Cognitive Behavioral vs. Psychoanalytic Therapy
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The paper discusses how while psychoanalytic therapy has been relegated to less and less clinical application in favor of cognitive behavioral therapy, the former represents an endeavor to establish a deeper, all-inclusive explanation of the workings of the human psyche - a depth which cognitive-behaviorism apparently lacks. In spite of this, the paper admits that different applications of cognitive behavioral therapy remain effective first-line or adjunct treatments for a majority of psychological and psychiatric disorders alike.
From the Paper:"Psychotherapy has undergone many developmental changes over the past decades. These changes in clinical psychology are represented by the rise of two main schools upon which clinical psychotherapies over the years are founded: psychoanalytic theory and cognitive-behaviorism. Psychoanalytic theory was first developed by Sigmund Freud and extensively modified by other theorists such as Carl Jung, Alfred Adler, Erik Erikson, Karen Horney and Harry Stack Sullivan, among many others. Psychoanalytic theory was heavily influenced by the Darwinian ideas of the 19th century, where..."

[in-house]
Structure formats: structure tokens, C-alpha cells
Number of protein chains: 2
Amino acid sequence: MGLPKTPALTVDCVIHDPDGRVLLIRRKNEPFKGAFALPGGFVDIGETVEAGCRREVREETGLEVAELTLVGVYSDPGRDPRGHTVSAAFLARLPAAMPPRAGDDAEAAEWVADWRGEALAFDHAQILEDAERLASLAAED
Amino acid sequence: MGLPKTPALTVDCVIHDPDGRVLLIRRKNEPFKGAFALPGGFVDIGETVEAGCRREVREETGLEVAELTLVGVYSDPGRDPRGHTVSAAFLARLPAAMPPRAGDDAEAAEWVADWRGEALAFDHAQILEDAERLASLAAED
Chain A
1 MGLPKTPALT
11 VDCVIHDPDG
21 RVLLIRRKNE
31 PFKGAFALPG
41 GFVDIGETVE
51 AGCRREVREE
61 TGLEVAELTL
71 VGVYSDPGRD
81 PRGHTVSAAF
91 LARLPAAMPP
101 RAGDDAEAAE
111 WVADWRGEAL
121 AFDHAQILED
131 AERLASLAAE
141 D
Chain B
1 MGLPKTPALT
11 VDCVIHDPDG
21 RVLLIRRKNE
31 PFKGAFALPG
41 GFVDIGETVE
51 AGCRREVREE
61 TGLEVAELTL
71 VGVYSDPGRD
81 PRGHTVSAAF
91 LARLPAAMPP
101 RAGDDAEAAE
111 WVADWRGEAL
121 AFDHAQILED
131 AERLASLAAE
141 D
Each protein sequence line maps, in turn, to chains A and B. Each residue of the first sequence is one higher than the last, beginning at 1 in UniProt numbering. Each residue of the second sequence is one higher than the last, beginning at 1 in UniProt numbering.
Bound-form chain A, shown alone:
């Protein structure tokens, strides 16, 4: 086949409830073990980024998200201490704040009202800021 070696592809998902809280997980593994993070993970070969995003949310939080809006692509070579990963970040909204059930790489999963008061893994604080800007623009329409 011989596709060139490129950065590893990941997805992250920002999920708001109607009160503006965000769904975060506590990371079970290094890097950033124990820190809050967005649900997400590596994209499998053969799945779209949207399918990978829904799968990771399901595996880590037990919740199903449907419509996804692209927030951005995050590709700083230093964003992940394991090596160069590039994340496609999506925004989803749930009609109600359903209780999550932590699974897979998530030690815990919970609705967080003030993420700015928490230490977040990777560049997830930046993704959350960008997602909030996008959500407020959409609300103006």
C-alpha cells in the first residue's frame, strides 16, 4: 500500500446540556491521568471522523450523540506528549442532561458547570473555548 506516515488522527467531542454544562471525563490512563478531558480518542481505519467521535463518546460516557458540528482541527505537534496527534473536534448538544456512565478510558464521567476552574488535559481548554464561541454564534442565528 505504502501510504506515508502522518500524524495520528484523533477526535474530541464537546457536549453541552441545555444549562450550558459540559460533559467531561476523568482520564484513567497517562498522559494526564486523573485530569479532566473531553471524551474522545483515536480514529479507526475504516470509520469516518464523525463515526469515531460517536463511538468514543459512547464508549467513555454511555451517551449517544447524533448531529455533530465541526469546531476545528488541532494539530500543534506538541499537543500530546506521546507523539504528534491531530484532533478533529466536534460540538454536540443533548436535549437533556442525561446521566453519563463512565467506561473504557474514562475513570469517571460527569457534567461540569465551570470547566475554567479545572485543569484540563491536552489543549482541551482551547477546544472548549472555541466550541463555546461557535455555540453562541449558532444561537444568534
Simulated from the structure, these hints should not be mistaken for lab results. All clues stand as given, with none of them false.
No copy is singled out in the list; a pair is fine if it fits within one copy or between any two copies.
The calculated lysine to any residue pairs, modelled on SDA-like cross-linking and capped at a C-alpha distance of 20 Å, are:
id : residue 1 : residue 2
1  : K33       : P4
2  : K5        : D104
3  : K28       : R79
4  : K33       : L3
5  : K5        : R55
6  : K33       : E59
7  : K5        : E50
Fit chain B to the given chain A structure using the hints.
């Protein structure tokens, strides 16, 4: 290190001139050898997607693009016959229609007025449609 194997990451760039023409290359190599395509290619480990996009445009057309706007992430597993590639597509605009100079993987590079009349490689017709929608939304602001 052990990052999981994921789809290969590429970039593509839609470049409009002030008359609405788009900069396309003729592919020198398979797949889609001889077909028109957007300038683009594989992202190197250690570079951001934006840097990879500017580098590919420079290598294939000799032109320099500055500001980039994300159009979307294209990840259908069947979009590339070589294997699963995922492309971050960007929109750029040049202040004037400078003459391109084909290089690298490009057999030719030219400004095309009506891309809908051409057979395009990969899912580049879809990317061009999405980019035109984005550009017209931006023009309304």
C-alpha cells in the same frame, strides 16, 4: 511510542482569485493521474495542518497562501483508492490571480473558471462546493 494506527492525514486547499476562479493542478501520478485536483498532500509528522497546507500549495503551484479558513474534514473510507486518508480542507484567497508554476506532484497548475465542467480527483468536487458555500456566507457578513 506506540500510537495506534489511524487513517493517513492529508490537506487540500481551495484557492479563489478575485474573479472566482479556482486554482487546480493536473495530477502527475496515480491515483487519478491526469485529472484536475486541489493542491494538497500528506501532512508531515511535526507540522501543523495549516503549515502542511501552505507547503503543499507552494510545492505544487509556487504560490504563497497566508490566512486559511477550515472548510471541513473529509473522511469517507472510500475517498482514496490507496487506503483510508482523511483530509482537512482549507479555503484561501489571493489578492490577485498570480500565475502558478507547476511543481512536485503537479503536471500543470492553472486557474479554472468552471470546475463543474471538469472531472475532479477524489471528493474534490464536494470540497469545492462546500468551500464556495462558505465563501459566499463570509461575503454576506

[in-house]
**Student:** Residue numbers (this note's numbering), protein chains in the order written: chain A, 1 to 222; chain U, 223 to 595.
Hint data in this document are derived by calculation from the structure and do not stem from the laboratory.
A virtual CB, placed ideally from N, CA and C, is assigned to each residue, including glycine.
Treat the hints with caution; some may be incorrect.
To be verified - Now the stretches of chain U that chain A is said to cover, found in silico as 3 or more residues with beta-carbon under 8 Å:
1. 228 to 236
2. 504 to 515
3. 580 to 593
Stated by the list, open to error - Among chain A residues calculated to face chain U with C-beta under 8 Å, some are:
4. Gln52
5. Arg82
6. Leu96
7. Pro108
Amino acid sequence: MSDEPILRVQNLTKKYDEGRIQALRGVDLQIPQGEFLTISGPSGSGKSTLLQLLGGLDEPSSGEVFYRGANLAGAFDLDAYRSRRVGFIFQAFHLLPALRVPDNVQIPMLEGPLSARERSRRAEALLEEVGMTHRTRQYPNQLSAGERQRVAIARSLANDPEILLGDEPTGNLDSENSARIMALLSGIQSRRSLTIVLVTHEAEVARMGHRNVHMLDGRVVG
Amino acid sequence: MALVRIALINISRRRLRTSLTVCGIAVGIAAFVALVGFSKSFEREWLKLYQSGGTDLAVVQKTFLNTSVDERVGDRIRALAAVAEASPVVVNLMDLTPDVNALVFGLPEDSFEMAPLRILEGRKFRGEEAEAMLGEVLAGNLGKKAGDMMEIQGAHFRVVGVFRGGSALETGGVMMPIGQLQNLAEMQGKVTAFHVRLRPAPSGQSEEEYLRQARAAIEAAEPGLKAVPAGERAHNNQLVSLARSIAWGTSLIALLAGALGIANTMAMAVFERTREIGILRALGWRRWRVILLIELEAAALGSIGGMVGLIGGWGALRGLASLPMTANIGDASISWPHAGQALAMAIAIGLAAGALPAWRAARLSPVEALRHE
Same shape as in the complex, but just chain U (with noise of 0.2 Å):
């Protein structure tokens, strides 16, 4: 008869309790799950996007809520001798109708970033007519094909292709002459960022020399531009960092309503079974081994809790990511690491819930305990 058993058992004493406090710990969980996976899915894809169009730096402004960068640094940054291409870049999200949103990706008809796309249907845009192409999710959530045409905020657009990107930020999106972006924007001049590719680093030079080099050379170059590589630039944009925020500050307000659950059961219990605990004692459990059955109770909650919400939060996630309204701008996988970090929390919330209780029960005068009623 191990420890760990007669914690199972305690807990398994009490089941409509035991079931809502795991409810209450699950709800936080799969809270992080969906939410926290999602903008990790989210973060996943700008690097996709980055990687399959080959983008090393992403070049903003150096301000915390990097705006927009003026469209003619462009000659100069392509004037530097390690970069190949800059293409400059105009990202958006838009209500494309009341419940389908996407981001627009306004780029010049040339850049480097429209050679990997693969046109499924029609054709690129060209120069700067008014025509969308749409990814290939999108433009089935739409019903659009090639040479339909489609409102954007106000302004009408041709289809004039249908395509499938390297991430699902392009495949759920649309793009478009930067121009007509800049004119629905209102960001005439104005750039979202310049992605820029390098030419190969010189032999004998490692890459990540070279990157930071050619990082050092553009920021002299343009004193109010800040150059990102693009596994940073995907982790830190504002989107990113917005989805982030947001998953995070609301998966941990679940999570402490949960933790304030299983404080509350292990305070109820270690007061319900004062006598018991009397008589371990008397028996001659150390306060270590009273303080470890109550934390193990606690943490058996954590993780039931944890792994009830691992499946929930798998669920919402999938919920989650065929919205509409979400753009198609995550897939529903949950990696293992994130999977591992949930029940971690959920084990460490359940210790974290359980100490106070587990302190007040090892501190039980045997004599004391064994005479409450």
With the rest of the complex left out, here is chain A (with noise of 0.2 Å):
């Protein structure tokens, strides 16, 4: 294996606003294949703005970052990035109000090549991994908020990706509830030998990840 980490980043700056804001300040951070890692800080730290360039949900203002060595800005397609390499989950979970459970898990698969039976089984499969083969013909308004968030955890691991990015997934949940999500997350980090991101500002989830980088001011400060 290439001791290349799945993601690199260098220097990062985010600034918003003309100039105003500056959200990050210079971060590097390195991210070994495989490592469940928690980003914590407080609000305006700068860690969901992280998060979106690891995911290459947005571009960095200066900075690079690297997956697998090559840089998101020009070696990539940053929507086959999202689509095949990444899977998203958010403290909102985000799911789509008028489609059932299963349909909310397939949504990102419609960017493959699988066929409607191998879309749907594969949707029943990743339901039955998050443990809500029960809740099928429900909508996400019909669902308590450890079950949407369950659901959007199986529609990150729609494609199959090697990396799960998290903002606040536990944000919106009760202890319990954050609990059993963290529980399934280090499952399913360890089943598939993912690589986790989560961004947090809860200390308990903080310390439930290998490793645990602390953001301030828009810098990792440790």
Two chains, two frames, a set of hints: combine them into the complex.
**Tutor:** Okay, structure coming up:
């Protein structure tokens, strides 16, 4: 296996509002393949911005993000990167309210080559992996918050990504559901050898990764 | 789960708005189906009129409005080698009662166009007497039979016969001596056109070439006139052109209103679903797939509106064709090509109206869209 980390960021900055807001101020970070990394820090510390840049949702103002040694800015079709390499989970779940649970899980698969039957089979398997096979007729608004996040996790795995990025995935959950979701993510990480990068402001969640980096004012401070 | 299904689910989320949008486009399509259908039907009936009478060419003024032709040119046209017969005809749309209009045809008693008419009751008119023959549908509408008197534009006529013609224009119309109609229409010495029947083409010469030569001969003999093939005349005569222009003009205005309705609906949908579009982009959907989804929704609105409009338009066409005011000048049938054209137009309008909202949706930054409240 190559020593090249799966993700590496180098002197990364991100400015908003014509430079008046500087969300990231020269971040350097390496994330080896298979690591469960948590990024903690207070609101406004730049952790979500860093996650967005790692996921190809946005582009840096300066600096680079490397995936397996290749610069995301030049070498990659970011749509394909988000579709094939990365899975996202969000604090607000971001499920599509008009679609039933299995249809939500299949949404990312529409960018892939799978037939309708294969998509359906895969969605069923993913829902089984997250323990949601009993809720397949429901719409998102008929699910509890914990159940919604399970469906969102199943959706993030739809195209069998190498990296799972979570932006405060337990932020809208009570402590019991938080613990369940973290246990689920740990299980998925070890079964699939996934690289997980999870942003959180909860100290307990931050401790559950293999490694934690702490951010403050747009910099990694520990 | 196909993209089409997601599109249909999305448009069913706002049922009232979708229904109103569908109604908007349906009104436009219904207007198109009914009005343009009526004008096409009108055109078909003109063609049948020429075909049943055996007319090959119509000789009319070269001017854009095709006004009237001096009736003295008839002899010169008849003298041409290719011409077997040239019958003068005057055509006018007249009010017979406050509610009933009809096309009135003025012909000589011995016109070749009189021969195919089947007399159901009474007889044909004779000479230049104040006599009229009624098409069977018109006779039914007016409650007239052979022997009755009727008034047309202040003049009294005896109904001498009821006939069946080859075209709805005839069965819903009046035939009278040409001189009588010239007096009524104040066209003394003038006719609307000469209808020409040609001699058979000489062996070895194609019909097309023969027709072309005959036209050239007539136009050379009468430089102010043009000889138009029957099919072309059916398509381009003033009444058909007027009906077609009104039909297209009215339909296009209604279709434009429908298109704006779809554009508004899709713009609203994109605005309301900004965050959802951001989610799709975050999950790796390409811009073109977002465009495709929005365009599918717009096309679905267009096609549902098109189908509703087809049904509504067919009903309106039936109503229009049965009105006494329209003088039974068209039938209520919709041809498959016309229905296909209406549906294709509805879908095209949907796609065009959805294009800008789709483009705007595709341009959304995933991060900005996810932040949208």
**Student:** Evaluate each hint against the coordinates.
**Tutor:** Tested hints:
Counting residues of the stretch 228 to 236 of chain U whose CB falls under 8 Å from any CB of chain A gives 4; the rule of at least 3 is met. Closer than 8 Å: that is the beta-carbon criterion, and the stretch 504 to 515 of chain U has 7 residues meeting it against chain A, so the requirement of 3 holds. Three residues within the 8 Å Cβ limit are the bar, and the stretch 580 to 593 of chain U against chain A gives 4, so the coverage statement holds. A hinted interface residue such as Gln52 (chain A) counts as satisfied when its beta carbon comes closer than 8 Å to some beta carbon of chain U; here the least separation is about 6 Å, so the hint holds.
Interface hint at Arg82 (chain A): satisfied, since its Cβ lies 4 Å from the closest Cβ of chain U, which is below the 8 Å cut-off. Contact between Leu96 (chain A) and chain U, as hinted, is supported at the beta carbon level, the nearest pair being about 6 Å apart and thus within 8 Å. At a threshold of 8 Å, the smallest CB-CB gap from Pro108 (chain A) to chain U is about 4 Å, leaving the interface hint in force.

Cite this Comparison Essay:
Cognitive Behavioral vs. Psychoanalytic Therapy (2007, December 01) Retrieved September 20, 2020, from https://www.academon.com/comparison-essay/cognitive-behavioral-vs-psychoanalytic-therapy-135571/
"Cognitive Behavioral vs. Psychoanalytic Therapy" 01 December 2007. Web. 20 September. 2020. <https://www.academon.com/comparison-essay/cognitive-behavioral-vs-psychoanalytic-therapy-135571/>